Holiday parties are typically known for an abundance of food, but with that abundance comes a lot of food and plastic waste. 30-50% of food that we purchase gets thrown out. A lot of resources are used to get food to our plates – water, fossil fuels and land to name a few. If you are receiving guests and preparing holiday meals, the following tips and facts can help you reduce your waste.

1) PLAN YOUR MEAL: When preparing dinner for guests, meal planning is a must. It’s trying to find a balance based on the approximate number of guests you’re anticipating. We know it can be challenging to estimate how much food to buy and prepare. The Love Food Hate Waste website has a neat portion planner that can help you with that task. If you’re planning for a larger group (and it’s safe to gather, or you have a bigger family), the Save the Food “Guestimator” is a helpful meal-size planning tool also. If you overestimate, like many of us do, have a plan for those leftovers.

TIP: Use the Flashfood app when shopping to find major discounts on food items nearing their best before date, resulting in money saved and food waste reduced!

2) UNDERSTAND FOOD LABELS: Did you know that the “best before date” does not indicate food safety, but rather, peak quality of the food, taking in consideration factors such as taste and nutritional value? Surprisingly, there are no standards for it. So how do you know if the sour cream in your fridge that is past the “best before date”, should be served to your guests? Turns out there are many factors to consider but Getty Stewart, founder of Fruit Share in Manitoba, explains nuances of “best before dates” and has researched those specifics for some of those question mark items such as sour cream, tuna, yogurt and mayonnaise.

TIP: If you’re trying a new recipe for the first time and it is going to use a small amount of ingredients that you don’t normally use, search for additional recipes in advance that will help you to use them up (think salad dressings, pesto, pasta sauces, etc.), or see if you can substitute for something you already have.

3) BUFFET-STYLE MEAL: Let your guests choose how much food and what foods they want to eat – it increases the chances that everything on their plate will be eaten. This is especially important for children as it’s good to teach them how to judge for themselves how much they can consume. This gives them the responsibility for eating all their food, which helps prevents waste (at least in the long term).

TIP: Immerse veggies like carrots, broccoli, celery, lettuce, etc. that have gone limp in a bowl of cold water and place in the fridge for ~15-30 minutes. They will soak up the water and become crunchy again. Carrots do well stored in water, too!

4) POTLUCK: In a normal year, potlucks are a great way to reduce the costs of hosting a dinner! While gathering with others isn’t an option in 2020, this tip can help you for the future. Have people sign up in advance to bring specific dishes and make sure you note how many people will be attending so they can prepare the right amount of food. Once everything is accounted for, encourage those guests who didn’t get a chance to sign-up to bring something else for the evening instead, like a playlist, board game, etc. (so no one feels left out!).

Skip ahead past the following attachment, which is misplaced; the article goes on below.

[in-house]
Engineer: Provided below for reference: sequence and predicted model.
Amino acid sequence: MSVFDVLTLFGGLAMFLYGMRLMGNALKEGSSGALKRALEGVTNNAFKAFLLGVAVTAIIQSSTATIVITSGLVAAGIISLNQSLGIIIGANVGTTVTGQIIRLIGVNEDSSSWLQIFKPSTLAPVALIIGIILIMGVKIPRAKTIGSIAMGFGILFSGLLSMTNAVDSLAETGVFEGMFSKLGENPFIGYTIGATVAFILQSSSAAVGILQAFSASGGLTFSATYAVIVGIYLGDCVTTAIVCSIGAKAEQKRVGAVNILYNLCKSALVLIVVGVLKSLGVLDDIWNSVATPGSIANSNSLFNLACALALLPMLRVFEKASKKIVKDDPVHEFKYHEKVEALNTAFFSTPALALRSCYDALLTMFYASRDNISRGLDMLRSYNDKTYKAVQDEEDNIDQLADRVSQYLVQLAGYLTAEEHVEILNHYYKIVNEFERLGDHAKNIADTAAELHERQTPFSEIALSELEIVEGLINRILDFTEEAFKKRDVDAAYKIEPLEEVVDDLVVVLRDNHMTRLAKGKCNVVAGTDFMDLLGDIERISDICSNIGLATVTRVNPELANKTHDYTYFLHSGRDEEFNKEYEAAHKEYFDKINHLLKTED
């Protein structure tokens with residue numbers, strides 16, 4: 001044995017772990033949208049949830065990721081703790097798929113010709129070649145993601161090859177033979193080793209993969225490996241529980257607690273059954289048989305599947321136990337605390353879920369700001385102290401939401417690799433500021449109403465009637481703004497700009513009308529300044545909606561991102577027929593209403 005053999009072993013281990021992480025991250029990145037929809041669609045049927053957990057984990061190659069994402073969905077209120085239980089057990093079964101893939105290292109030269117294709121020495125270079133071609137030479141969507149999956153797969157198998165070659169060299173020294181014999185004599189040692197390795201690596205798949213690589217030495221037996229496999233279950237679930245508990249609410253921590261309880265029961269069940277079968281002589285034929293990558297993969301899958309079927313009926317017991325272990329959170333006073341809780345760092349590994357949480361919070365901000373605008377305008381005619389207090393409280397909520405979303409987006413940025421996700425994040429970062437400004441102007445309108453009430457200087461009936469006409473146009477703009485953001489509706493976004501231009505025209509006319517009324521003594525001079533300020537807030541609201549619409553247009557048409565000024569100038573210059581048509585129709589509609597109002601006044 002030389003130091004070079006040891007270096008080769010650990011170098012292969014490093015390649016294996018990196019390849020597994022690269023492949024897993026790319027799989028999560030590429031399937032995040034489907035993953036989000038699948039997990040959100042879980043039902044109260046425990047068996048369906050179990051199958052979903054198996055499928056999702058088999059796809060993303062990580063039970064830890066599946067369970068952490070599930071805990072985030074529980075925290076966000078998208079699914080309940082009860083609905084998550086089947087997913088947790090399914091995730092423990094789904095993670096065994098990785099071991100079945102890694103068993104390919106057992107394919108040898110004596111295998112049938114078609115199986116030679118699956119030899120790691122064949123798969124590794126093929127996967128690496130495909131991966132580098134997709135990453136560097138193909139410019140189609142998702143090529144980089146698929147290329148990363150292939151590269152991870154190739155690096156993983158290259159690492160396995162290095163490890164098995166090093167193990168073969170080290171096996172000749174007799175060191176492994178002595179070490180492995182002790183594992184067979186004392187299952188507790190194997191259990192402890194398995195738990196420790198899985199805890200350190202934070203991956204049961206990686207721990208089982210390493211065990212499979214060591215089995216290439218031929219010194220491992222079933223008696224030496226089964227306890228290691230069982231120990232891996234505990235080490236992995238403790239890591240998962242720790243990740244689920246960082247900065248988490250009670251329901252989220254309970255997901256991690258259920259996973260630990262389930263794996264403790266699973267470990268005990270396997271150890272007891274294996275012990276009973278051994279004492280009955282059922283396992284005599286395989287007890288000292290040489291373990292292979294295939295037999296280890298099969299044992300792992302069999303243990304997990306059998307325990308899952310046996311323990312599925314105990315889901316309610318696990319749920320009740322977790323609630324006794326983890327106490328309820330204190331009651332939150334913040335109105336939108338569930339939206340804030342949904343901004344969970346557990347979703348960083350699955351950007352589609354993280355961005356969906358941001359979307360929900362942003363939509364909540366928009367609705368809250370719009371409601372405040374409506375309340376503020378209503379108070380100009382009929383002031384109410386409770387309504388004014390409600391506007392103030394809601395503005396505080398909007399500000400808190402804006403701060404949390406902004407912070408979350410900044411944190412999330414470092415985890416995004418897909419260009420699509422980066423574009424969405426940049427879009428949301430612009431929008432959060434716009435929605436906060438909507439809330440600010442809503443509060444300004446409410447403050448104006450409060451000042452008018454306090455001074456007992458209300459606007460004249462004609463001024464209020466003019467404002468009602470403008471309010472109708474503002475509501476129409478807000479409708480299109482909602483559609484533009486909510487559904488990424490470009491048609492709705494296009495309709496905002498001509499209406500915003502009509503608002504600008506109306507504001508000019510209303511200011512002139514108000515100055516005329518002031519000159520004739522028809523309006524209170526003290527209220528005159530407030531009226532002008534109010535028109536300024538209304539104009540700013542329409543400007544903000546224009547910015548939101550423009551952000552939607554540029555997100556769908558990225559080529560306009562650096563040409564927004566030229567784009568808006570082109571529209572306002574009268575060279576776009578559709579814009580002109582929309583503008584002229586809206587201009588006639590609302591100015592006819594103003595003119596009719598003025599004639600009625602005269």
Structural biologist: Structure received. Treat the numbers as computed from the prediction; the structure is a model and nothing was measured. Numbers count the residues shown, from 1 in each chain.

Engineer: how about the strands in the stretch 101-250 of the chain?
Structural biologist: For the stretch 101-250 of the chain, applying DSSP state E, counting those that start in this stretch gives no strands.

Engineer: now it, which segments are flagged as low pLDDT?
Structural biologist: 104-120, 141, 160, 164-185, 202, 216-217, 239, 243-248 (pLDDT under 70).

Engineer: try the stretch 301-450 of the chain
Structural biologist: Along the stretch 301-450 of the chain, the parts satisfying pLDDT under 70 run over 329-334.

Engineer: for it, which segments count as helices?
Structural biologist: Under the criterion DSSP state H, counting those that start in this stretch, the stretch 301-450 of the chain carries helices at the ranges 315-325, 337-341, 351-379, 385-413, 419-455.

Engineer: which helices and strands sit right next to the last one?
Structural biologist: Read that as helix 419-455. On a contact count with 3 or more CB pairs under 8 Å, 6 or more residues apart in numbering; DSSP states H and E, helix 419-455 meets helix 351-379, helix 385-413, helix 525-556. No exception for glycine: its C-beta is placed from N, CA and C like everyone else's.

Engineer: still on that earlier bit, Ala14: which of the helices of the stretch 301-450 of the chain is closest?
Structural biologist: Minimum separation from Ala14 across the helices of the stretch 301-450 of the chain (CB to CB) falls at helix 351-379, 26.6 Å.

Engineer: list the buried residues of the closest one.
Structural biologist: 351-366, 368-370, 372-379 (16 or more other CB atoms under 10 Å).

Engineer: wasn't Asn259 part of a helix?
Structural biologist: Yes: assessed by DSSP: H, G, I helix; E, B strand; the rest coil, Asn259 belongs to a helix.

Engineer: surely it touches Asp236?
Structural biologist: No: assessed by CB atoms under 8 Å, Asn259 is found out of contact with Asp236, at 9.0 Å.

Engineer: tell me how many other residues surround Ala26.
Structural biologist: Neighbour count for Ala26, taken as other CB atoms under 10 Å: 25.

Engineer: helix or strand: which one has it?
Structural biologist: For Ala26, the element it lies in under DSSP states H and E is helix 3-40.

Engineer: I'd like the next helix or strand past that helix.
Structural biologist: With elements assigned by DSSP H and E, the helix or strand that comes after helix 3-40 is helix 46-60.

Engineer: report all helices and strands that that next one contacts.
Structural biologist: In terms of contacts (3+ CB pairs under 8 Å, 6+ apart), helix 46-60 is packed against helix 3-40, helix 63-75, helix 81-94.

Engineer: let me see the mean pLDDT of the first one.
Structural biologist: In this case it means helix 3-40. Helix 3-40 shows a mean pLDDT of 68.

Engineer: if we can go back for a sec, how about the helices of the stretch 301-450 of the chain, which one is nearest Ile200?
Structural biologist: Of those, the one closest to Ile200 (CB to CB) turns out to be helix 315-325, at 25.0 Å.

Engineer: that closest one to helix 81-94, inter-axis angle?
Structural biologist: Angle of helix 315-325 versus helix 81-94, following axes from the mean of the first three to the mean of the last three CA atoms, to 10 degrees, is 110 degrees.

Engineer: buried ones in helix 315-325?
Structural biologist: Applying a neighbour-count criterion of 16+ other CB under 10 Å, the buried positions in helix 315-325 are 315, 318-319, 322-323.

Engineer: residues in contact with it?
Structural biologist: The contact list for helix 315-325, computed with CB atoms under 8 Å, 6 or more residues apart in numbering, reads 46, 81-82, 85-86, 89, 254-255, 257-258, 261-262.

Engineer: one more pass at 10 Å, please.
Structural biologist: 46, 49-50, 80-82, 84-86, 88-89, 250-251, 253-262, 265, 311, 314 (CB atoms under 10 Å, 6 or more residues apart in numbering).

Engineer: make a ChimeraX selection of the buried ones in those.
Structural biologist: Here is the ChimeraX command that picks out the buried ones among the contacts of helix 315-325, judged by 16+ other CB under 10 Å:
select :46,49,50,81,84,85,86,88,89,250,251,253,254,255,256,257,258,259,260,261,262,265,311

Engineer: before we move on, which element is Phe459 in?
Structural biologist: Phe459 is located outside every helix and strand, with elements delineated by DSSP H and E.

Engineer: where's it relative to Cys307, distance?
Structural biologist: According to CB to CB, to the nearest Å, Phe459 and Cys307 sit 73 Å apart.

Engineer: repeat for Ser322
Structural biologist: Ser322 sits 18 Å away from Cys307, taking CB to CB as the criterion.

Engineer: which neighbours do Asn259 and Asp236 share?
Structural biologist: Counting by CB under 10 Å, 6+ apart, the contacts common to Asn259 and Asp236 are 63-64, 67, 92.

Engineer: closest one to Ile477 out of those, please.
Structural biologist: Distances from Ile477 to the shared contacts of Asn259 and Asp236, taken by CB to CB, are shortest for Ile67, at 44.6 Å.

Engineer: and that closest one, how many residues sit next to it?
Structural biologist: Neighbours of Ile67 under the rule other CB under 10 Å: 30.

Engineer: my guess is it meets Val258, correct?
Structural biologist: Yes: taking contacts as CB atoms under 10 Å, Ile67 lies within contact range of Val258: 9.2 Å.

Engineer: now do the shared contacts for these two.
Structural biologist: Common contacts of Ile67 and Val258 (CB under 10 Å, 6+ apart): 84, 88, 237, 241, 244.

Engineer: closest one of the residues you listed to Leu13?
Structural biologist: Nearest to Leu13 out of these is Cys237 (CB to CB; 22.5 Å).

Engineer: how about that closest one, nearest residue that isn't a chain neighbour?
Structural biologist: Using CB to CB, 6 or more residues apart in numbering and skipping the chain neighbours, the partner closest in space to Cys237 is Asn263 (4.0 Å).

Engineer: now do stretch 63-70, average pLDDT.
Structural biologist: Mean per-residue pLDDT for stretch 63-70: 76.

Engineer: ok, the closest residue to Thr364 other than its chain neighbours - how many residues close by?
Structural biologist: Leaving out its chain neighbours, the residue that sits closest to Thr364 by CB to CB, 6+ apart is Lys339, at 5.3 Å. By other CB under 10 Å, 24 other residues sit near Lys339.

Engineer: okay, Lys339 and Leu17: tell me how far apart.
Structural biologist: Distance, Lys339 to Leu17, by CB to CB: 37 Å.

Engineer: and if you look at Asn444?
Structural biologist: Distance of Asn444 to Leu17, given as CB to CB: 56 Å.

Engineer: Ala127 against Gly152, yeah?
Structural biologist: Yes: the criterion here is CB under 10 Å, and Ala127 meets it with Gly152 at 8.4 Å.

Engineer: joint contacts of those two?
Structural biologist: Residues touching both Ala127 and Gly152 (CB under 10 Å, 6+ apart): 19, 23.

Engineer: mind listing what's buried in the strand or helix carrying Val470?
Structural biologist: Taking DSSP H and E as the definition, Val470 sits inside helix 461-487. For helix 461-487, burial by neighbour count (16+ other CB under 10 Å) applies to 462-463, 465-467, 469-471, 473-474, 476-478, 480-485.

TIP: Put a food waste guide (ex: David Suzuki’s Queen of Green) as a reminder of what produce should be kept in the fridge and what should not. Check out Getty Stewart’s Holiday Leftovers guide to find out what you can freeze for later!

5) GET CREATIVE WITH LEFTOVERS: Ask your guests to bring reusable containers to your party/dinner so they can take leftovers home with them (be sure to ask them not to bring ziplock/ plastic bags!). If you still have additional leftovers after that, the internet is your friend when it comes to being creative with leftovers. For example, the web has many recipes on how to make muffins with remaining cranberry sauce. Freeze all other food items that can be stored and consumed at a later date. You can also reach out to local shelters and resource centres to see what kind of food items they can take (i.e. baking).

TIP: Cut and prep all your fruits and vegetables to make them more accessible. Anything you don’t serve to guests is more likely to be snacked on by you and your family in the coming week, or added to a smoothie, stir fry, salad, omelette, etc.

6) COMPOSTING: You can compost food scraps in winter if you’ve got a compost bin in your backyard or a vermicomposting bin inside. Compost Winnipeg makes it even easier to compost year-round, if you’re in one of our service areas in Winnipeg! In your backyard bin, you can even compost cooked veggies even if there is sauce or butter, rice and half eaten dinner rolls. Visit our basic composting page to find out what you can and can’t compost at home.

TIP: put a “eat this first” bowl in the front of your fridge with foods and snacks to avoid forgetting them (tip from the Just Eat It documentary).

7) GREEN EVENT PLANNING: See our blog post on greening your upcoming event, and reduce ALL waste related to holiday parties and gatherings. Serve dinner using your regular plates, cutlery, cups, and reusable napkins in place of disposable items. Store leftovers in reusable containers over plastic ziplock bags and use beeswax wraps over plastic wrap.
Note: Please follow public health guidelines when it comes to social gatherings and events. During this time of Code Red in Manitoba for Christmas 2020, social gatherings are currently banned with those outside of your households. Stay safe everybody – we’ll see you on the other side!

TIP: food items make for a great gifts (chocolate = AWESOME stocking stuffer!), but think about the products you’re buying. Consider locally-made food items, and/or items that are organic or fair trade.